Organ Pipe Cactus
Organ Pipe National Monument is located in the Sonoran Desert in the south of Arizona on the border of Mexico. The Sonoran Desert is one of the hottest deserts in North America. Organ Pipe Cactus National Monument lies in an area of wide alluvial basins separated by steep mountain ranges. The landscape of this national monument is unique in a number of ways. In this one area of Arizona, the junction of three types of environments can be found: desert, mountains, and plains. The convergence of these three habitats in such a small setting is difficult to find. The elevation range within the Organ Pipe National Monument is from 981 feet all the way to the top of Mt. Ajo that has a summit of 4,800 feet. Most of the mountains in the monument were formed by volcanic activity. Rare desert springs can also be found in the area. Quitobaquito springs are the most easily visited and the largest in the monument. These wetland areas contain a diversity of plants and also attract wildlife from the surrounding desert.
Organ Pipe National Monument is also home to some unique plant species, some of which are only found in the area. These include the organ pipe, saguaro, and senita cactus species, also the ocotillo and creosote bush among many other species which are protected in this area because of their rarity.
The General park map handed out at the visitor center is available on the park's map webpage.
View the park's map to create your own personal maps and images right here.For information about topographic maps, geologic maps, and geologic data sets, please see the geologic maps page.
A geology photo album for this park can be found here.For information on other photo collections featuring National Park geology, please see the Image Sources page.
Currently, we do not have a listing for a park-specific geoscience book. The park's geology may be described in regional or state geology texts.
Parks and Plates: The Geology of Our National Parks, Monuments & Seashores.
Lillie, Robert J., 2005.
W.W. Norton and Company.
9" x 10.75", paperback, 550 pages, full color throughout
The spectacular geology in our national parks provides the answers to many questions about the Earth. The answers can be appreciated through plate tectonics, an exciting way to understand the ongoing natural processes that sculpt our landscape. Parks and Plates is a visual and scientific voyage of discovery!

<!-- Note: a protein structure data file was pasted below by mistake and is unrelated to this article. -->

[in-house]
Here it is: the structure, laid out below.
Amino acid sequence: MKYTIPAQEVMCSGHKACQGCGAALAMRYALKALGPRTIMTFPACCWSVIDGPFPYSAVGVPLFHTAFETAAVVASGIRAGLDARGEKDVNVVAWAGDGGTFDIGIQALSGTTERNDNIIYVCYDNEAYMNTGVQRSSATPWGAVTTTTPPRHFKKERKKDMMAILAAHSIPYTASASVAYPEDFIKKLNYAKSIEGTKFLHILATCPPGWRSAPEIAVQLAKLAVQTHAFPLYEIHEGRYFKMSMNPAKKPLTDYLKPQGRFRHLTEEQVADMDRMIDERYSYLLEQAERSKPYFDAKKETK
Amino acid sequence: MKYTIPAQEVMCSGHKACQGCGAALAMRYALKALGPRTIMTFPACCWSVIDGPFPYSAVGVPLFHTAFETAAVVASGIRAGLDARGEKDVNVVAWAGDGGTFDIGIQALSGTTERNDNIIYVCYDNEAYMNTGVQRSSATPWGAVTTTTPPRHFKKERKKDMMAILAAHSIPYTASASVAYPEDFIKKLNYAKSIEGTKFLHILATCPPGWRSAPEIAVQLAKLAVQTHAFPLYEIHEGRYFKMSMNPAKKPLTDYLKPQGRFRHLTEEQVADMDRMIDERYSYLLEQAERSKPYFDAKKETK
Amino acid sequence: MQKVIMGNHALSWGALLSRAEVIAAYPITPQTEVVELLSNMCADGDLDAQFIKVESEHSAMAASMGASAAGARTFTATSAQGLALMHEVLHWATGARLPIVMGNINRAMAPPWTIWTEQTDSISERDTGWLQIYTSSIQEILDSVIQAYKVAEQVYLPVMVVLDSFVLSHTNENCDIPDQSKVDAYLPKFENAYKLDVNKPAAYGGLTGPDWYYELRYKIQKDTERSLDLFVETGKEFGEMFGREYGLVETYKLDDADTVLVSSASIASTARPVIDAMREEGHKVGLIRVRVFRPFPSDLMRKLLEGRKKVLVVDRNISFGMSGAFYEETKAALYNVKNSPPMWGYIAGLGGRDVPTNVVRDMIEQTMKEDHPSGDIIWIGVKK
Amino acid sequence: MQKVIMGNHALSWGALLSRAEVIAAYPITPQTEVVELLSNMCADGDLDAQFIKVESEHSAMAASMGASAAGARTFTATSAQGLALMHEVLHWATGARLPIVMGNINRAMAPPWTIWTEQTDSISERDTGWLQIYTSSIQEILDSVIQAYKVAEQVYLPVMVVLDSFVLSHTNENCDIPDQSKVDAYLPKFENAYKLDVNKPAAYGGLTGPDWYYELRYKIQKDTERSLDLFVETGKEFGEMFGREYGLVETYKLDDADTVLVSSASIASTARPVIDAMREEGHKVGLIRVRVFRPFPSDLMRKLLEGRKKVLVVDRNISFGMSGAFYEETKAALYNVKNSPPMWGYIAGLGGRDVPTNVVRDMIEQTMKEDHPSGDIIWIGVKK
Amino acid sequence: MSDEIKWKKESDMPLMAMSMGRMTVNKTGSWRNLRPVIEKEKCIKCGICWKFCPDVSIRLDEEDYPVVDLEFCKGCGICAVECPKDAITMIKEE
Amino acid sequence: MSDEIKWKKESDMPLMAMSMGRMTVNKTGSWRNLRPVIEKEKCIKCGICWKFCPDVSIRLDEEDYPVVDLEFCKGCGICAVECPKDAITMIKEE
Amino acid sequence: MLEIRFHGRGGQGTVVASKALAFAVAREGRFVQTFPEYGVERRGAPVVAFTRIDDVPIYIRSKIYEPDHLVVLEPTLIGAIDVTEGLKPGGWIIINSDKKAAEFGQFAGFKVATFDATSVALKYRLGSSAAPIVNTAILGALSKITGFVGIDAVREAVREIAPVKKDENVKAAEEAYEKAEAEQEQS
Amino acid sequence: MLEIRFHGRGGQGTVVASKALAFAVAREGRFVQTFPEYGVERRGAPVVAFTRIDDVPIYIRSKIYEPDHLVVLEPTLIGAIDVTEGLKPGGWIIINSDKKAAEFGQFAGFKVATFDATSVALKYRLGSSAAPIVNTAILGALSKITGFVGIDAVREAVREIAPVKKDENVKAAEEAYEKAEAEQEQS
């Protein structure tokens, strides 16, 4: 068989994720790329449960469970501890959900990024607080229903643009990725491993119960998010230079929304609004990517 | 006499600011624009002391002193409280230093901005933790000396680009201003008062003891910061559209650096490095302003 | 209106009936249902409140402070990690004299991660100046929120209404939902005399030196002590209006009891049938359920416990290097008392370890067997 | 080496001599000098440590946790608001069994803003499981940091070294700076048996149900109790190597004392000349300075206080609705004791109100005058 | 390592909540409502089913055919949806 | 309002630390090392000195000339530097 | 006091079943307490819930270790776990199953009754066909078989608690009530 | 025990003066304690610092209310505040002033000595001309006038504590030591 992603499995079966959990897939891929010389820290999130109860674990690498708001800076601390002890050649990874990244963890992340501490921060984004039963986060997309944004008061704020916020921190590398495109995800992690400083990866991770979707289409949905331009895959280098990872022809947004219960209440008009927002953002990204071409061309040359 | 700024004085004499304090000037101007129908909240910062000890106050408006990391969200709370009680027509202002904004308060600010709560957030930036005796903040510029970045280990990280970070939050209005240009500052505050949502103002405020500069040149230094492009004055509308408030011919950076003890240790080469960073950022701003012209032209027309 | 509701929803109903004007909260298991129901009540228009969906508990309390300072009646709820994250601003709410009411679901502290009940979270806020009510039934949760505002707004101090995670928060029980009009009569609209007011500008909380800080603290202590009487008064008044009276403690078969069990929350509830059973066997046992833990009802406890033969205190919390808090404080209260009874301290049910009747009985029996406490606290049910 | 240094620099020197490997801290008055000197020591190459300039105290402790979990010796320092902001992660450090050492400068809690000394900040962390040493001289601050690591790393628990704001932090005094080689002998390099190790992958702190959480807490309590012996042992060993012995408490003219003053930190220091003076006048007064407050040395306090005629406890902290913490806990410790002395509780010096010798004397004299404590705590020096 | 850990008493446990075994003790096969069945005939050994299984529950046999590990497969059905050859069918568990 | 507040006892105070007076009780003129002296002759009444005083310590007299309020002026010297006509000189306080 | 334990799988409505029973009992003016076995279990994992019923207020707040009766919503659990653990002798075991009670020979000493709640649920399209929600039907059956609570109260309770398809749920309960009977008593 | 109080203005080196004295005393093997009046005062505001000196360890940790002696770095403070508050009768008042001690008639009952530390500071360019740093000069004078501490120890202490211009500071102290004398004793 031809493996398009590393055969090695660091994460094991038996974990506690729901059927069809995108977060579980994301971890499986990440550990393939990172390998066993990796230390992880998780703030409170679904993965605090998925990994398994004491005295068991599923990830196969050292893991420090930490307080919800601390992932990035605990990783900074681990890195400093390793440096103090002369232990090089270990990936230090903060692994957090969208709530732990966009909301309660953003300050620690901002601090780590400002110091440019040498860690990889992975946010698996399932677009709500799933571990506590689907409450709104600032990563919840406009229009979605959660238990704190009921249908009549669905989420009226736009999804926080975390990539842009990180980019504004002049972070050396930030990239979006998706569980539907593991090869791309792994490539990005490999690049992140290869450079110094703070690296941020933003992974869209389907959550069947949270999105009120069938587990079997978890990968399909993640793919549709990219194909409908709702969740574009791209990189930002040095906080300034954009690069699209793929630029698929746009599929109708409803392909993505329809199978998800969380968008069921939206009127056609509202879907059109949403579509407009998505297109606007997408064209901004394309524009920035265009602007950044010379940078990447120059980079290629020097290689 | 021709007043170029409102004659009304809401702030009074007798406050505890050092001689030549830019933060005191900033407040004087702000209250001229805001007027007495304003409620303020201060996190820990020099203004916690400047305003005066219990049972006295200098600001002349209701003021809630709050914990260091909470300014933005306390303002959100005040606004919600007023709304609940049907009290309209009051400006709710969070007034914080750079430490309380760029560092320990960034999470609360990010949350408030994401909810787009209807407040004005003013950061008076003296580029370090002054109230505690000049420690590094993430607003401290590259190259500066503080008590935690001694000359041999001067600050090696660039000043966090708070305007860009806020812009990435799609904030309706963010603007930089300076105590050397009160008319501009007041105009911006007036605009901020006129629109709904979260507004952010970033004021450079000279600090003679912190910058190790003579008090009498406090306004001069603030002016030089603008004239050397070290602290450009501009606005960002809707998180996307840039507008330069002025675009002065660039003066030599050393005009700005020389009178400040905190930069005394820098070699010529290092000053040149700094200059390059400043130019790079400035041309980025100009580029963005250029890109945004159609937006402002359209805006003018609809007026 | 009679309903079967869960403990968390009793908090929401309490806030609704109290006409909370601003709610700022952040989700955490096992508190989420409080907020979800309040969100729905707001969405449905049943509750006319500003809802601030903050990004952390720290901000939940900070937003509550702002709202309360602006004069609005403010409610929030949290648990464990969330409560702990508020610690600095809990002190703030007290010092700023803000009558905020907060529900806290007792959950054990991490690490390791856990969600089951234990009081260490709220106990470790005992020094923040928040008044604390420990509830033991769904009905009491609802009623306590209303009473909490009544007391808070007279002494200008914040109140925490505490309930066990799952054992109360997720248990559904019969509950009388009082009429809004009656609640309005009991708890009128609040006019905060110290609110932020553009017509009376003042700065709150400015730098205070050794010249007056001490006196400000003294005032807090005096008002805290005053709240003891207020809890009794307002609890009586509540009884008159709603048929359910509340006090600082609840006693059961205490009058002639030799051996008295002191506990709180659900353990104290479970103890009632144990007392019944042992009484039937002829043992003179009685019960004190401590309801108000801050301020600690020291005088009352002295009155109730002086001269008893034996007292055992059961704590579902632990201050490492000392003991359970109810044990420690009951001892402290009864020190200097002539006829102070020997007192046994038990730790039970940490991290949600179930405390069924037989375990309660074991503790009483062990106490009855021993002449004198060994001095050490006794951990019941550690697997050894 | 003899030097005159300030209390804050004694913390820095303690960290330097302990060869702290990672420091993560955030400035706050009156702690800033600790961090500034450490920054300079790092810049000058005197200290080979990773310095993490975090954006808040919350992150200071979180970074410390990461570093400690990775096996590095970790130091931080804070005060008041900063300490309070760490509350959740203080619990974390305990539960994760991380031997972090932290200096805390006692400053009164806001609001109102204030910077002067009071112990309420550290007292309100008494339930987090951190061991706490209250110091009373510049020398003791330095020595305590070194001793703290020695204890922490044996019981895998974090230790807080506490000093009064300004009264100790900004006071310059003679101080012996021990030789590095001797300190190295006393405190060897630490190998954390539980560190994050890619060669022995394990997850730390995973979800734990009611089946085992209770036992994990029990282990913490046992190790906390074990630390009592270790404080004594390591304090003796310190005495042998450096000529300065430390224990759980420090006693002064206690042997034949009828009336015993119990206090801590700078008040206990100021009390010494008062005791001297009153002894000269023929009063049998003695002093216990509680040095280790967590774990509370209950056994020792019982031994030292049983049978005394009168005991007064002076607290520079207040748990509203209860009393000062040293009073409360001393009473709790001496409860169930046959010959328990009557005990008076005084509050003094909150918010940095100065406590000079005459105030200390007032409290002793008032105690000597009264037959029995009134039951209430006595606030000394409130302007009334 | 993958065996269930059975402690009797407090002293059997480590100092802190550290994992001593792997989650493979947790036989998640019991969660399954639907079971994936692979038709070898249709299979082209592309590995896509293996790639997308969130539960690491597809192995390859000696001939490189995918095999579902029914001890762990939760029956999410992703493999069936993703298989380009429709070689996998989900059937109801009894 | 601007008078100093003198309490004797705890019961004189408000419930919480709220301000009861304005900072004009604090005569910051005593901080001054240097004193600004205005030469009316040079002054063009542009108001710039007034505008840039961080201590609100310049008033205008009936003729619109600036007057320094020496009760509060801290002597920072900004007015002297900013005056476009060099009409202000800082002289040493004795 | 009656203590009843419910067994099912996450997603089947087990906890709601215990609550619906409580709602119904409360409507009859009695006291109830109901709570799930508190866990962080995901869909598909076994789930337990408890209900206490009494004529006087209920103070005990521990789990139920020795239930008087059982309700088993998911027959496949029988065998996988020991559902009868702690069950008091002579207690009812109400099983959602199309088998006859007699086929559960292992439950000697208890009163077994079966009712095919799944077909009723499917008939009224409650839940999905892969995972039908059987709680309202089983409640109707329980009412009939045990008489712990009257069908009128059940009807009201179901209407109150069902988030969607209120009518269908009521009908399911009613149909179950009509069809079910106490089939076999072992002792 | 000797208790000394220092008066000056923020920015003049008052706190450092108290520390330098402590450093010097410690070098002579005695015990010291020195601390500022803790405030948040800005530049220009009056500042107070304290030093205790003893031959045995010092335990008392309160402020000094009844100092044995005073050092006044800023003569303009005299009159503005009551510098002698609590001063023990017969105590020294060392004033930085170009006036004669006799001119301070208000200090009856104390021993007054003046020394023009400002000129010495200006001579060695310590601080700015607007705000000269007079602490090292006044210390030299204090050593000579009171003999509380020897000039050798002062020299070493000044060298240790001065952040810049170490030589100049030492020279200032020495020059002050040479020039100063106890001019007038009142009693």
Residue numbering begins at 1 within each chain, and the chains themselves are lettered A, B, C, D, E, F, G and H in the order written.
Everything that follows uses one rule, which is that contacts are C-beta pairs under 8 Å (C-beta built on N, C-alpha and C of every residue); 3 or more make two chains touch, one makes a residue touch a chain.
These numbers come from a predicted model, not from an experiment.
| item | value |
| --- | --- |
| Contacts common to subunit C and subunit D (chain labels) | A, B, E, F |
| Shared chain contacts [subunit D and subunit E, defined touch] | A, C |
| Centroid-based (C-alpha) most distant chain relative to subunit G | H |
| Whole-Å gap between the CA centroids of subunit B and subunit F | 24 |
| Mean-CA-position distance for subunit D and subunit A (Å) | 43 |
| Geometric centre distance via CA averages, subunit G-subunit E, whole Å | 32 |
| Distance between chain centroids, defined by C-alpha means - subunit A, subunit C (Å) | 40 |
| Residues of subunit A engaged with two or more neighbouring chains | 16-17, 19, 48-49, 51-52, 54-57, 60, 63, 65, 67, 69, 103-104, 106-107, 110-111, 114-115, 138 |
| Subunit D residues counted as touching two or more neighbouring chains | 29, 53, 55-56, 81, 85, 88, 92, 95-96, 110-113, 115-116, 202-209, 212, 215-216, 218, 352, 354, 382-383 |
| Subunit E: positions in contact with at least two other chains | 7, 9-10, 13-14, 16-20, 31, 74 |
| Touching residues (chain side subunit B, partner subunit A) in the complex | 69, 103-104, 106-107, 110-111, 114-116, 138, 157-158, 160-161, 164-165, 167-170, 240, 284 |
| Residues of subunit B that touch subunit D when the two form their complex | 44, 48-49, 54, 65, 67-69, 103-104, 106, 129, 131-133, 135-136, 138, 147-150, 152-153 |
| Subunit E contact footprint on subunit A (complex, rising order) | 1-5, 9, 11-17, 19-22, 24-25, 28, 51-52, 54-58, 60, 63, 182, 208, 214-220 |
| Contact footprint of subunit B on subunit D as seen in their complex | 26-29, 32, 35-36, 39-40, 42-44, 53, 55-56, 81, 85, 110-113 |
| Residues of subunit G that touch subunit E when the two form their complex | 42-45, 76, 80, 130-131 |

Ordering from your National Park Cooperative Associations' bookstores helps to support programs in the parks. Please visit the bookstore locator for park books and much more.
Information about the park's research program is available on the park's research webpage.
For information about permits that are required for conducting geologic research activities in National Parks, see the Permits Information page.
The NPS maintains a searchable data base of research needs that have been identified by parks.
A bibliography of geologic references is being prepared for each park through the Geologic Resources Evaluation Program (GRE). Please see the GRE website for more information and contacts.
NPS Geology and Soils PartnersAssociation of American State Geologists
Geological Society of America
Natural Resource Conservation Service - Soils
U.S. Geological Survey
Thanks to Parks as Classrooms and The National Park Foundation, we are back on the map as a destination for education. We are creating new education units to be used by teachers and their classes both at ORPI and in their own classrooms. Please stay tuned for more exciting developments as they happen!
Information about the park's education and intrepretive programs is available on the park's education webpage.